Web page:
But the reading seasons works its magic or its physics, and time’s doors, like my mind’s, open wider. There is always a comfortable space—in the late afternoon’s gloaming, in the quiet dark of our Ohio at 8 PM—to push back and page up.

And for a time, the reading spaces are natural, accepted, taken for granted parts of the day. But time will surge forward, and some day, on a timetable not available to my notice, the season will change, and life will shift, and other priorities will weigh down the need and the time to read.

I know that will happen, but, as I welcome the sudden onset of rich book time, I don’t care. The reading season is here; the books are hushed and waiting, and that, for now, is plenty for me  and more.


18 thoughts on “The Day the Season Begins

  1. The reading season, indeed. It is late Saturday night, as I write. I’ve spent most of this week–a vacation week–curled up on my couch, reading a big new book called *The Writer’s Map*, in which various contributors trace the relations between maps and books from ancient times through the present day. It is a glorious work, filled with colorful maps that will make readers remember books they read in childhood, books they read fairly recently (like the *Harry Potter* books), and many, many books they might have heard of, but have yet to read. It is a book to get lost in, to read and then re-read, finding peace, happiness, and wonder therein.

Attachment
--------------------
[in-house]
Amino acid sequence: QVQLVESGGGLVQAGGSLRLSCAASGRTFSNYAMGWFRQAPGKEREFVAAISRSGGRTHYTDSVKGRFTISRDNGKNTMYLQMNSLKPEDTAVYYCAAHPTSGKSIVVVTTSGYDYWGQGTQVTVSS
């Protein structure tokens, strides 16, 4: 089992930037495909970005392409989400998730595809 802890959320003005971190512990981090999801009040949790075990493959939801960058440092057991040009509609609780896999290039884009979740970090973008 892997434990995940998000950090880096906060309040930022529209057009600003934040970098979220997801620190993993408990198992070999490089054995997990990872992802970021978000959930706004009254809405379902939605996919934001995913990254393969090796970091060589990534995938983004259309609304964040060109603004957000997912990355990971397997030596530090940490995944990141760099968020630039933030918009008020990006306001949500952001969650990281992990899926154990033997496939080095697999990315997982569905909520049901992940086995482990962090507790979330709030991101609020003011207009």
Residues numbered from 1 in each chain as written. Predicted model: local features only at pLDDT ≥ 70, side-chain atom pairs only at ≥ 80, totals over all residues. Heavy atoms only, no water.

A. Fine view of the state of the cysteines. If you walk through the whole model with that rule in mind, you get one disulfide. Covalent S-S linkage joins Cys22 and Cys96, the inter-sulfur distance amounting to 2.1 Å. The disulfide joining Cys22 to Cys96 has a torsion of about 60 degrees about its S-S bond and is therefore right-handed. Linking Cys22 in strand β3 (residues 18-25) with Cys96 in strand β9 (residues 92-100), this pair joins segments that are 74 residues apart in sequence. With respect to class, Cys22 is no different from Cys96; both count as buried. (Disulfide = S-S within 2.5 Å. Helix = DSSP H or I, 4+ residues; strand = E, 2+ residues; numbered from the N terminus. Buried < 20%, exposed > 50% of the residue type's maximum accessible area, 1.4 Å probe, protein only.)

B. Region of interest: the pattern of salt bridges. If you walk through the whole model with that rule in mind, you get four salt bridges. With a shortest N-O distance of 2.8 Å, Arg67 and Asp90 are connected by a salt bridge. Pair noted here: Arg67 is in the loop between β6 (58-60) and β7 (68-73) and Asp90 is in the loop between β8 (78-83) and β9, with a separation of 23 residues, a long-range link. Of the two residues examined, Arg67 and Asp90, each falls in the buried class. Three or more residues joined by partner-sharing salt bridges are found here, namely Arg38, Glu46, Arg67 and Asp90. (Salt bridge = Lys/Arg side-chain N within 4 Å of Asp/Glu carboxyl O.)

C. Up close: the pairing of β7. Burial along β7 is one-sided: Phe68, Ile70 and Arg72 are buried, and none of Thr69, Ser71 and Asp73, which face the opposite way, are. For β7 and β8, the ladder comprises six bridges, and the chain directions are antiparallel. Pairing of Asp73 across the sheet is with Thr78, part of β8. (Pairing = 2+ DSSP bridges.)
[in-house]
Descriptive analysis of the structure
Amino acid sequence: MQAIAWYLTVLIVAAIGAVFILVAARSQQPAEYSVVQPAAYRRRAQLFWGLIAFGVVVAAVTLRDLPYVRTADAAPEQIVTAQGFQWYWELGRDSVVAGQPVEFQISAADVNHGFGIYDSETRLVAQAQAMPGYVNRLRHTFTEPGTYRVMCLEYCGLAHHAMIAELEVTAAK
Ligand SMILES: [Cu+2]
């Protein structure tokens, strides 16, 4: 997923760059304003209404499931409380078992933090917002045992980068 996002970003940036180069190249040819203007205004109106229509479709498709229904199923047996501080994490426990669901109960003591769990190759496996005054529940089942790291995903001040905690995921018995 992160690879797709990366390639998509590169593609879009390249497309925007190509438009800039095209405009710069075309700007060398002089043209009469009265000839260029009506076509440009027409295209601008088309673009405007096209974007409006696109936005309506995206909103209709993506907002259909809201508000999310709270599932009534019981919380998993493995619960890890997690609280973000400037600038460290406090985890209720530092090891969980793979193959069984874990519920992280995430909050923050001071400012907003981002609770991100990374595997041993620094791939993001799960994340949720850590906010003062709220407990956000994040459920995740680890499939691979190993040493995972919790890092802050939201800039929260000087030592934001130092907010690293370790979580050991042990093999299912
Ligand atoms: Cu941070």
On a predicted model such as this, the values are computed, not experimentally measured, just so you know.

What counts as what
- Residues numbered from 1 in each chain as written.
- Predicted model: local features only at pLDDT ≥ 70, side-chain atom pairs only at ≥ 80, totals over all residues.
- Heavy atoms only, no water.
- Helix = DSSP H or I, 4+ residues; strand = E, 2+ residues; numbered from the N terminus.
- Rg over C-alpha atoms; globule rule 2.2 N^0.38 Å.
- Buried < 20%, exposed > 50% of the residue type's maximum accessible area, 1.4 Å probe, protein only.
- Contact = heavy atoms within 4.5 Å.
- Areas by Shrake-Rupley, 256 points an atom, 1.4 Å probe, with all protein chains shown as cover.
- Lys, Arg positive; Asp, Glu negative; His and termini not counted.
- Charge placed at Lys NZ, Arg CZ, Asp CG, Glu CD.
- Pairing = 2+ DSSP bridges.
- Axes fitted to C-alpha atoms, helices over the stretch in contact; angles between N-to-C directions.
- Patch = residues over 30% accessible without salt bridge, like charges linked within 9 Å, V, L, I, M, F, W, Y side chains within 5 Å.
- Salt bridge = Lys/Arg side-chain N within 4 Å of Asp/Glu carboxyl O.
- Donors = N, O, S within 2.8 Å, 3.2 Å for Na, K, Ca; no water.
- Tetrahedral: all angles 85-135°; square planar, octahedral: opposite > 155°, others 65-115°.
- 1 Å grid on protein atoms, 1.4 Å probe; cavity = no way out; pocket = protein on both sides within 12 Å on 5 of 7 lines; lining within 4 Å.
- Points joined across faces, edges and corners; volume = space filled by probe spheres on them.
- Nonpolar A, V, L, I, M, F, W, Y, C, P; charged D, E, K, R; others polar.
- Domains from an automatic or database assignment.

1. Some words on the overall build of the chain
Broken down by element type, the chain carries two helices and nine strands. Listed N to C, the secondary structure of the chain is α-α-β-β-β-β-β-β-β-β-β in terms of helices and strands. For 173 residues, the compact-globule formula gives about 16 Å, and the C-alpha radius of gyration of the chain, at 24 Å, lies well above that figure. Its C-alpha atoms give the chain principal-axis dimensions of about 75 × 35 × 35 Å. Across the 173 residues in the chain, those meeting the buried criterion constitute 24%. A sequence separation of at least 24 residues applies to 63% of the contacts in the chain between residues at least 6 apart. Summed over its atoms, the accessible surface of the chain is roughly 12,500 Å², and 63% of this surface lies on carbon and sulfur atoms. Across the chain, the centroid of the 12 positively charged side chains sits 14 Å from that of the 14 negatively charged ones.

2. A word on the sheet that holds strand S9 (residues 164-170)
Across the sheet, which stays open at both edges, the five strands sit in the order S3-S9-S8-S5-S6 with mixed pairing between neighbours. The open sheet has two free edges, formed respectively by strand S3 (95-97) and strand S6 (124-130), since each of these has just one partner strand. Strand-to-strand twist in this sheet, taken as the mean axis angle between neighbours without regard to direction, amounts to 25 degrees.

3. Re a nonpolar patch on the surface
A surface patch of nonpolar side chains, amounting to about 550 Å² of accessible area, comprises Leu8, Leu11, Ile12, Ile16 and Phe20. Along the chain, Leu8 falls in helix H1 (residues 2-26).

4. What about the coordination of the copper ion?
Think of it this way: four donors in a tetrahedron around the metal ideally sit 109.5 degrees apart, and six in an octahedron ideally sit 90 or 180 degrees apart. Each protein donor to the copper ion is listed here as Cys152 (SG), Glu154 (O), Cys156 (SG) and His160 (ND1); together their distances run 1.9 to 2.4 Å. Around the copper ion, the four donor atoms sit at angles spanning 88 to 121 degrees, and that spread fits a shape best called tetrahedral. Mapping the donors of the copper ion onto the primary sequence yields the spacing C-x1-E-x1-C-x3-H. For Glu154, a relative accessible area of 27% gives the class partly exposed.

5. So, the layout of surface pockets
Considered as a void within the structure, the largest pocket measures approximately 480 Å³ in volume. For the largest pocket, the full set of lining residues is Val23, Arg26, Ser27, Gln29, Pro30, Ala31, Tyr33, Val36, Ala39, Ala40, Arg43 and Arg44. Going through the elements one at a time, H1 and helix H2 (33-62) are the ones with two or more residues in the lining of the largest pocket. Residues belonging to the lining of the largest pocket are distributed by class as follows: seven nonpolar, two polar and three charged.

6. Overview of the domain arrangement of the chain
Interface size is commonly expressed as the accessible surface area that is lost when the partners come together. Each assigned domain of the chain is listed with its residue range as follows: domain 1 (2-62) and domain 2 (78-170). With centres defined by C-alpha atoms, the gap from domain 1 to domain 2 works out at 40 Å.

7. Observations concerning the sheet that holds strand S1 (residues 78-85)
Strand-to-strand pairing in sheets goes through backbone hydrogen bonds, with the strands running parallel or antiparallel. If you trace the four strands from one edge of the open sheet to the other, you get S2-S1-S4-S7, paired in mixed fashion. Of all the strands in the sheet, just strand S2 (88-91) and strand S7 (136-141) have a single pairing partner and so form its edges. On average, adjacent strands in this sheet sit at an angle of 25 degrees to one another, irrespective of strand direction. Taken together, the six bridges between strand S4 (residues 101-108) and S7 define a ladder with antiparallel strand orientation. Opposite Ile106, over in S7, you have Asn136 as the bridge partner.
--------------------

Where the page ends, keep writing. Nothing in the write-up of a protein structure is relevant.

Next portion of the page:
I have also, just this evening, begun putting on my shelves a set of *Great Books of the Western World.* My father bought it years ago, just about the time I acquired the same set in mint condition. Necessity compelled me to sell my set when I was still in graduate school, but my father held on to his set and has bequeathed it to me. I am grateful for his gift not only because I recognize in it an expression of his love for me but also because I recognize the lasting value of these particular books, and the labor that went into the creation of this particular set. He also gave me a set of the 1911 edition of the Encyclopedia Britannica; you know the one; it’s the one with the articles signed by the preeminent experts in their fields, like Sigmund Freud on Psychoanalysis.

    So, needless to say, I’m feeling quite bookish lately, but not in a best-sellerish kind of way–more like a middle-aged sailor who’s being called back to the sea he’s sailed on for much of his life. Trouble is, he knows the waters, knows how deep they are in some places, and fears that he may not live long enough to complete all the voyages he would like. There are so many places to go, and the hourglass in the wheelhouse measures out only so much time.

    Still, it is November, and I treasure the days from now until March, when many of my evenings are free and I have the time to read in earnest. Robert Louis Stevenson, a lover of maps (think *Treasure Island*) and a kindred spirit to mine, would simply tell me to plunge ahead, take a stab at what I really want to read, and make what progress I can. For him, virtue lay not only in the accomplishment of a thing, but also in the attempt itself. I believe I will follow his lead in my reading and my writing and see how far I can get as the days turn colder and quieter.